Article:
The Changing Dynamics of the US-ICC Relationship
By Elizabeth White
“The United States should have the chance to observe and assess the functioning of the court, over time, before choosing to become subject to its jurisdiction. Given these concerns, I will not, and do not recommend that my successor, submit the treaty to the Senate for advice and consent until our fundamental concerns are satisfied.” – Bill Clinton (Camp David, December 31, 2000)
Despite playing a fundamental role in the creation of the International Criminal Court (ICC or the Court), it was under this pretext, that the U. S. refused to join when the Court was created. In 1998, delegates from 160 countries attended the Rome Conference, where the Rome Statute, the founding document for the ICC, was adopted. Of those 160 countries, only 7 countries voted against the Rome Statue – the United States included. However, right before he was to step down from office, President Bill Clinton made the symbolic decision to sign the Rome Statute on 30 December 2000. He wanted to express American support for the protection of international law and continue to shape the future of the Court. He did not, however, submit the document to Congress for ratification due to concerns about the compatibility of the ICC with American law. Beginning with symbolic support for the Court, US-ICC relations suffered greatly in the early years of the Bush Administration, but have steadily improved through the latter years of that term and Obama’s Administration. However, this trend towards a mutual respect faces a serious threat in the upcoming Trump Administration.
The limited relationship with the Court established under the Clinton Administration underwent a significant deterioration under Bush’s Administration. In May 2002, a month after the Court came into legal force, the Administration “unsigned” the Rome Statute, stating that it had no legal obligation resulting from its signature. A month later, the Administration signed into law the American Service-members’ Protection Act (ASPA), also known as the “Hague Invasion Act,” which explicitly prohibits the United States from providing support, including funds and intelligence, to the Court, as well as seeks to exempt United States armed forces from ICC jurisdiction in any United Nations (UN) peacekeeping missions. It also threatened to cut military funding and training to countries unwilling to enter bilateral immunity agreements (BIAs), exempting US nationals from ICC jurisdiction, which resulted in the suspension of military funding for 35 ICC States Parties. However, just months after the announcement of the suspension of military aid, President Bush partially waived the cuts for certain projects that supported the integration of these countries into NATO, or supported Operation “Enduring Freedom” or Operation “Iraqi Freedom.” Congress later passed the Nethercutt Amendment to the Foreign Appropriations Bill, which further cut economic, in addition to military, aid to any ICC State Party who refused to sign a BIA.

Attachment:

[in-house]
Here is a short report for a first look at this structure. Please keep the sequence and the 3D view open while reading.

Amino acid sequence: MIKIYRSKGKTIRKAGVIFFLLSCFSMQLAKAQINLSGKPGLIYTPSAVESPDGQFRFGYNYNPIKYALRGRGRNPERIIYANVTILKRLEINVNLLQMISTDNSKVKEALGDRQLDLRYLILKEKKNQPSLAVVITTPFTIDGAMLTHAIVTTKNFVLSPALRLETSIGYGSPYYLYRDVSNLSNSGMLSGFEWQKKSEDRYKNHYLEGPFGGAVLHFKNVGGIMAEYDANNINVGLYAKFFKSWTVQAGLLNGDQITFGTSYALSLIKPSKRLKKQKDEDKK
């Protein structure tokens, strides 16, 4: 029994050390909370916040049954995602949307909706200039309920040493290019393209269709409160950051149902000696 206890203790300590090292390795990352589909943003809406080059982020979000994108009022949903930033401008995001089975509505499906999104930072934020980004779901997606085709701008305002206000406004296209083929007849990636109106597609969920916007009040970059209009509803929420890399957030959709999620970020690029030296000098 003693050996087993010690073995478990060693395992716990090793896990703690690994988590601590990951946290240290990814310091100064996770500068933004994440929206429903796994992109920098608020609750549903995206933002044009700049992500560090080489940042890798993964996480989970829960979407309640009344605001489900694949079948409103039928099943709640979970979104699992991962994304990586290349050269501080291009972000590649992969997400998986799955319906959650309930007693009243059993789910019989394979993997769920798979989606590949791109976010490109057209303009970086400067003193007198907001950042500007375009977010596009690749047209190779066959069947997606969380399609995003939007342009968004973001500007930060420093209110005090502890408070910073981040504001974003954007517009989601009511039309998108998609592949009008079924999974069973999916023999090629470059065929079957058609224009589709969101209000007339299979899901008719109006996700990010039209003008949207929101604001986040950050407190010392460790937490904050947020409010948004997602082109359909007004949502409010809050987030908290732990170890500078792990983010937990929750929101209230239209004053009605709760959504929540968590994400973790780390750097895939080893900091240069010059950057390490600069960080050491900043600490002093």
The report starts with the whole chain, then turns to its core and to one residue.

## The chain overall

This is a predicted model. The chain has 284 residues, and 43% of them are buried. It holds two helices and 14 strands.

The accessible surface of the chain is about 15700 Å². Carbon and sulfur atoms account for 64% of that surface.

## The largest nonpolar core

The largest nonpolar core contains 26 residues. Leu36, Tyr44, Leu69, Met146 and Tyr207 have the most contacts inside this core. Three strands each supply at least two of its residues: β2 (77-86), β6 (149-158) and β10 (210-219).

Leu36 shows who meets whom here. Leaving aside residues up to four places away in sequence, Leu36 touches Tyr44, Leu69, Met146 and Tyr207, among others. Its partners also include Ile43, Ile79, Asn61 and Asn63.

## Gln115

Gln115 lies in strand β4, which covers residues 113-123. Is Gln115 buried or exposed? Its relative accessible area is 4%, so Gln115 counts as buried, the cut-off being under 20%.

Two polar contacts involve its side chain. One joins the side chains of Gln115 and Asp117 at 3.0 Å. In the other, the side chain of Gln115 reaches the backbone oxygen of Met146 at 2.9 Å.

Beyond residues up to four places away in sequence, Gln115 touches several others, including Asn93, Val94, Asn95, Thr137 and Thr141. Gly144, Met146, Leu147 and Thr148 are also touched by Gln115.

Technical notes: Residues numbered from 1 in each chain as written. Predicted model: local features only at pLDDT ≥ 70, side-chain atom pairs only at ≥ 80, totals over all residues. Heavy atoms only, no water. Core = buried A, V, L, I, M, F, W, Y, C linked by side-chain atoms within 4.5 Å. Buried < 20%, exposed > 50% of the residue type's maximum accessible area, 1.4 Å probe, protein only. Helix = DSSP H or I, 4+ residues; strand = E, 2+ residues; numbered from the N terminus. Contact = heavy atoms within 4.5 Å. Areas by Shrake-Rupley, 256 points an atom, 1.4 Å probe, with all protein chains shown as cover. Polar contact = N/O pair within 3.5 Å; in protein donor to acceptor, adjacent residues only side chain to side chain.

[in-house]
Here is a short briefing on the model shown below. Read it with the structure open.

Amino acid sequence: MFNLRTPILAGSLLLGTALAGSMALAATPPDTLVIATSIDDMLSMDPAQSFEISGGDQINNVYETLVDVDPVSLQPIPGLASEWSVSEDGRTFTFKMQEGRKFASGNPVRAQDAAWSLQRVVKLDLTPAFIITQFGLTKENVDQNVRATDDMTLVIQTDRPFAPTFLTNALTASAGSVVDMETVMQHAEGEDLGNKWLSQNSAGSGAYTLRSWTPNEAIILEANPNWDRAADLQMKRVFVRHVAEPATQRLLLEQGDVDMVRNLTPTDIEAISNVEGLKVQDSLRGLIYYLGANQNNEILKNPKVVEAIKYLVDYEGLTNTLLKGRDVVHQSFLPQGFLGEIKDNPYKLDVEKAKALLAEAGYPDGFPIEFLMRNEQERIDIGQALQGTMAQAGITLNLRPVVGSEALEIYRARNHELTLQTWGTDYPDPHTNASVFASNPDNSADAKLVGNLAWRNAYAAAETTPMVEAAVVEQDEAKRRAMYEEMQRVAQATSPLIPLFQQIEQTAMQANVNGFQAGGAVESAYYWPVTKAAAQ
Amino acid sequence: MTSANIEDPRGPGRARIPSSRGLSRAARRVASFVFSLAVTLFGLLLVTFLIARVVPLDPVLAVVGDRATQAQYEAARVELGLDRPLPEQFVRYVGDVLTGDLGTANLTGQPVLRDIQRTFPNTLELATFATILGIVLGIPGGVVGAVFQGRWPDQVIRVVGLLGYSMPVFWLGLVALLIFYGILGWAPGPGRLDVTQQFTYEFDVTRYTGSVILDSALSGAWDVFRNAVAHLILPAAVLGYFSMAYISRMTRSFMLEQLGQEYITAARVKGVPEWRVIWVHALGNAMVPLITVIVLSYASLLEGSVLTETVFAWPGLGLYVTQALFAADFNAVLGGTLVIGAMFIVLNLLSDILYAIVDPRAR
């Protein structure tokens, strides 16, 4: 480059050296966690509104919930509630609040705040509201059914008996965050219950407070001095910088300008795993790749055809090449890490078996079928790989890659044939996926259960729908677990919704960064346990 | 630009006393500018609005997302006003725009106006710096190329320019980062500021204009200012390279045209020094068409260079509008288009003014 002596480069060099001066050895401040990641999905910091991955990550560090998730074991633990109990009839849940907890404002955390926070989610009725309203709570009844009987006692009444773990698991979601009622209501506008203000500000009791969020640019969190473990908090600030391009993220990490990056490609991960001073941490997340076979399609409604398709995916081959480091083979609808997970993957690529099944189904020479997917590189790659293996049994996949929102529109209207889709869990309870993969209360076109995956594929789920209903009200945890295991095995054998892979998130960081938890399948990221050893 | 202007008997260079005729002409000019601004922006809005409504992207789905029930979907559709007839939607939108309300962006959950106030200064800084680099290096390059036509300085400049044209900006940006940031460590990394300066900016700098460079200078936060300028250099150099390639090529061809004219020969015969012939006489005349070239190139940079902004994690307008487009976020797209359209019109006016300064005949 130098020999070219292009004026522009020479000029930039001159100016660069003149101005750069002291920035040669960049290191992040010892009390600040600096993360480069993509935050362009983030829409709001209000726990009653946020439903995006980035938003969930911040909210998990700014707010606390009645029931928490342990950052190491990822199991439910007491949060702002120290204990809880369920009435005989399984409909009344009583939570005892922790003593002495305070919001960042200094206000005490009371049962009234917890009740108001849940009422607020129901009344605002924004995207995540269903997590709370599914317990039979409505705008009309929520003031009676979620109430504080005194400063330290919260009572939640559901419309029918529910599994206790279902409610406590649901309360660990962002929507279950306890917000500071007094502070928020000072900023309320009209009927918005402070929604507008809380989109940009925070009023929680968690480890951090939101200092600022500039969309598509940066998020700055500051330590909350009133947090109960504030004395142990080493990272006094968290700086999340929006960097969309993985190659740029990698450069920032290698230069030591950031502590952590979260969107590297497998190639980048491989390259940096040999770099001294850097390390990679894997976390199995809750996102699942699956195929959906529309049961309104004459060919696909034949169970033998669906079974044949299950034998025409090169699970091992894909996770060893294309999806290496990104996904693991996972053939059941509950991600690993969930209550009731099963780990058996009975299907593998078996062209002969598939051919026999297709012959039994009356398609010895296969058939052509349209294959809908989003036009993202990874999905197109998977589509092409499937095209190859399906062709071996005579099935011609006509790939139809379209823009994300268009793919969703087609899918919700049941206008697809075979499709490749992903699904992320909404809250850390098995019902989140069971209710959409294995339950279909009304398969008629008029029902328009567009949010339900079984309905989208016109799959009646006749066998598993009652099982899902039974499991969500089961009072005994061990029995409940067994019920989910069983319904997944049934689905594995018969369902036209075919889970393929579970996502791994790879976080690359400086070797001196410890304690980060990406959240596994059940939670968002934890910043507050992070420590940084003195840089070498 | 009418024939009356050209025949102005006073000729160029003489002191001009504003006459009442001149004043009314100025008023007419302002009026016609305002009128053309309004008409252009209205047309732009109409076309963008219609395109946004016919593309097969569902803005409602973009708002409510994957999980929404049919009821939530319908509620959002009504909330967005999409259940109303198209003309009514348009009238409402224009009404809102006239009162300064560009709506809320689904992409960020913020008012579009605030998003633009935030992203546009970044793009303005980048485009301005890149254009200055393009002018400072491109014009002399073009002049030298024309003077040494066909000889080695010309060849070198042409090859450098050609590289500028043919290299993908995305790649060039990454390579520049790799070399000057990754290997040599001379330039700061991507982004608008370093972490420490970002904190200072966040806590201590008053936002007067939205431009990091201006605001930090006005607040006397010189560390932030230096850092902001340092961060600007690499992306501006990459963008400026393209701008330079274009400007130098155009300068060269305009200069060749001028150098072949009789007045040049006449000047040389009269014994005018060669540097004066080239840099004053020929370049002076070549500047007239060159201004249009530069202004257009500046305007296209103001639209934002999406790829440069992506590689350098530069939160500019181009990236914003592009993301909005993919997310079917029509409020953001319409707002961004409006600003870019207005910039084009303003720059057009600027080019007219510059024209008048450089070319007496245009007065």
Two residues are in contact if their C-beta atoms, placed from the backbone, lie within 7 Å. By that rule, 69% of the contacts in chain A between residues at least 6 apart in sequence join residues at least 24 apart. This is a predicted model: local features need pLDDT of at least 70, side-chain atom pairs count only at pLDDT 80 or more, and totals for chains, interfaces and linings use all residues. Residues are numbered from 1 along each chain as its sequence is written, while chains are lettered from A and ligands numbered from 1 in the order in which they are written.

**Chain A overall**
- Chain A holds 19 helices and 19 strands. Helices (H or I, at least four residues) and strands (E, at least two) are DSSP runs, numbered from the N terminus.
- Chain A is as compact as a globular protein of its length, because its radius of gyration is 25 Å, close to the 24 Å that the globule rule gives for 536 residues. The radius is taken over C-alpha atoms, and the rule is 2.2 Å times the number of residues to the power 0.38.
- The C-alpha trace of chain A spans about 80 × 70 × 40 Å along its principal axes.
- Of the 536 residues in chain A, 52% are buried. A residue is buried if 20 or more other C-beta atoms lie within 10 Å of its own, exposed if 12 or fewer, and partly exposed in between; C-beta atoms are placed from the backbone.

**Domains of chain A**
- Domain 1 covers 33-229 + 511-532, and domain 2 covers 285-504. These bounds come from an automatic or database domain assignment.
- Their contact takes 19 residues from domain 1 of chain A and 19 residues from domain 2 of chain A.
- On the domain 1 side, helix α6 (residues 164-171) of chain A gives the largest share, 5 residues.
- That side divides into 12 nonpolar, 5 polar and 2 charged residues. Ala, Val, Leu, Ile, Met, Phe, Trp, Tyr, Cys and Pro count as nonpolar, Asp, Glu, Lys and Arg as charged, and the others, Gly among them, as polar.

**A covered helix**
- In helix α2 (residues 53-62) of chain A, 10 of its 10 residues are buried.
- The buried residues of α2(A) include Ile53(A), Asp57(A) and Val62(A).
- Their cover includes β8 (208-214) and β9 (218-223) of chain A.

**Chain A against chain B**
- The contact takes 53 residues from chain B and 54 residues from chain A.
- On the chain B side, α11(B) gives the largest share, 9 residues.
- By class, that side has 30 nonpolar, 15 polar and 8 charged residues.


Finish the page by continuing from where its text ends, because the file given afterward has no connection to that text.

Bush’s second term, however, saw a more nuanced opposition to the Court. In 2005, the UN Security Council voted on a referral of the situation in Darfur, Sudan to the ICC. Rather than vote in opposition, the United States chose to abstain from the vote, in part due to domestic pressures from the Christian right and human rights activists, but was also a choice seen by many as an implicit acceptance of the value of the Court. The Administration also repealed the provisions of the ASPA that restricted military training and direct foreign military aid to ICC States Parties that did not sign BIAs with the United States.
The Obama Administration has adopted a policy of supporting the Court on a case-by-case basis. Beginning in 2009, Congress did not renew the Nethercutt Amendment, and the United States began sending delegates to the ICC Assembly of States Parties (ASP) meetings in an observer capacity, which it has continued since. The US also sent an observer delegate to the first ICC Review Conference in 2010. The following year, the US both advocated and voted in favor of referring the situation in Libya to the ICC for investigation. Obama also expanded the U.S. State Department’s Rewards for Justice Program, which allows for monetary rewards for information leading to the arrest, transfer, or conviction of ICC fugitives. The Administration has also spent millions of dollars to provide training to Uganda’s military in order to capture or kill Joseph Kony, and sent 100 of its own troops to assist. Additionally, in 2013, when Bosco Ntaganda, an ICC indictee, walked into the American Embassy in Kigali, Rwanda, the US facilitated his transfer to the Court. Progress and improved relations notwithstanding, relations between the US and the ICC remain selective and infrequent.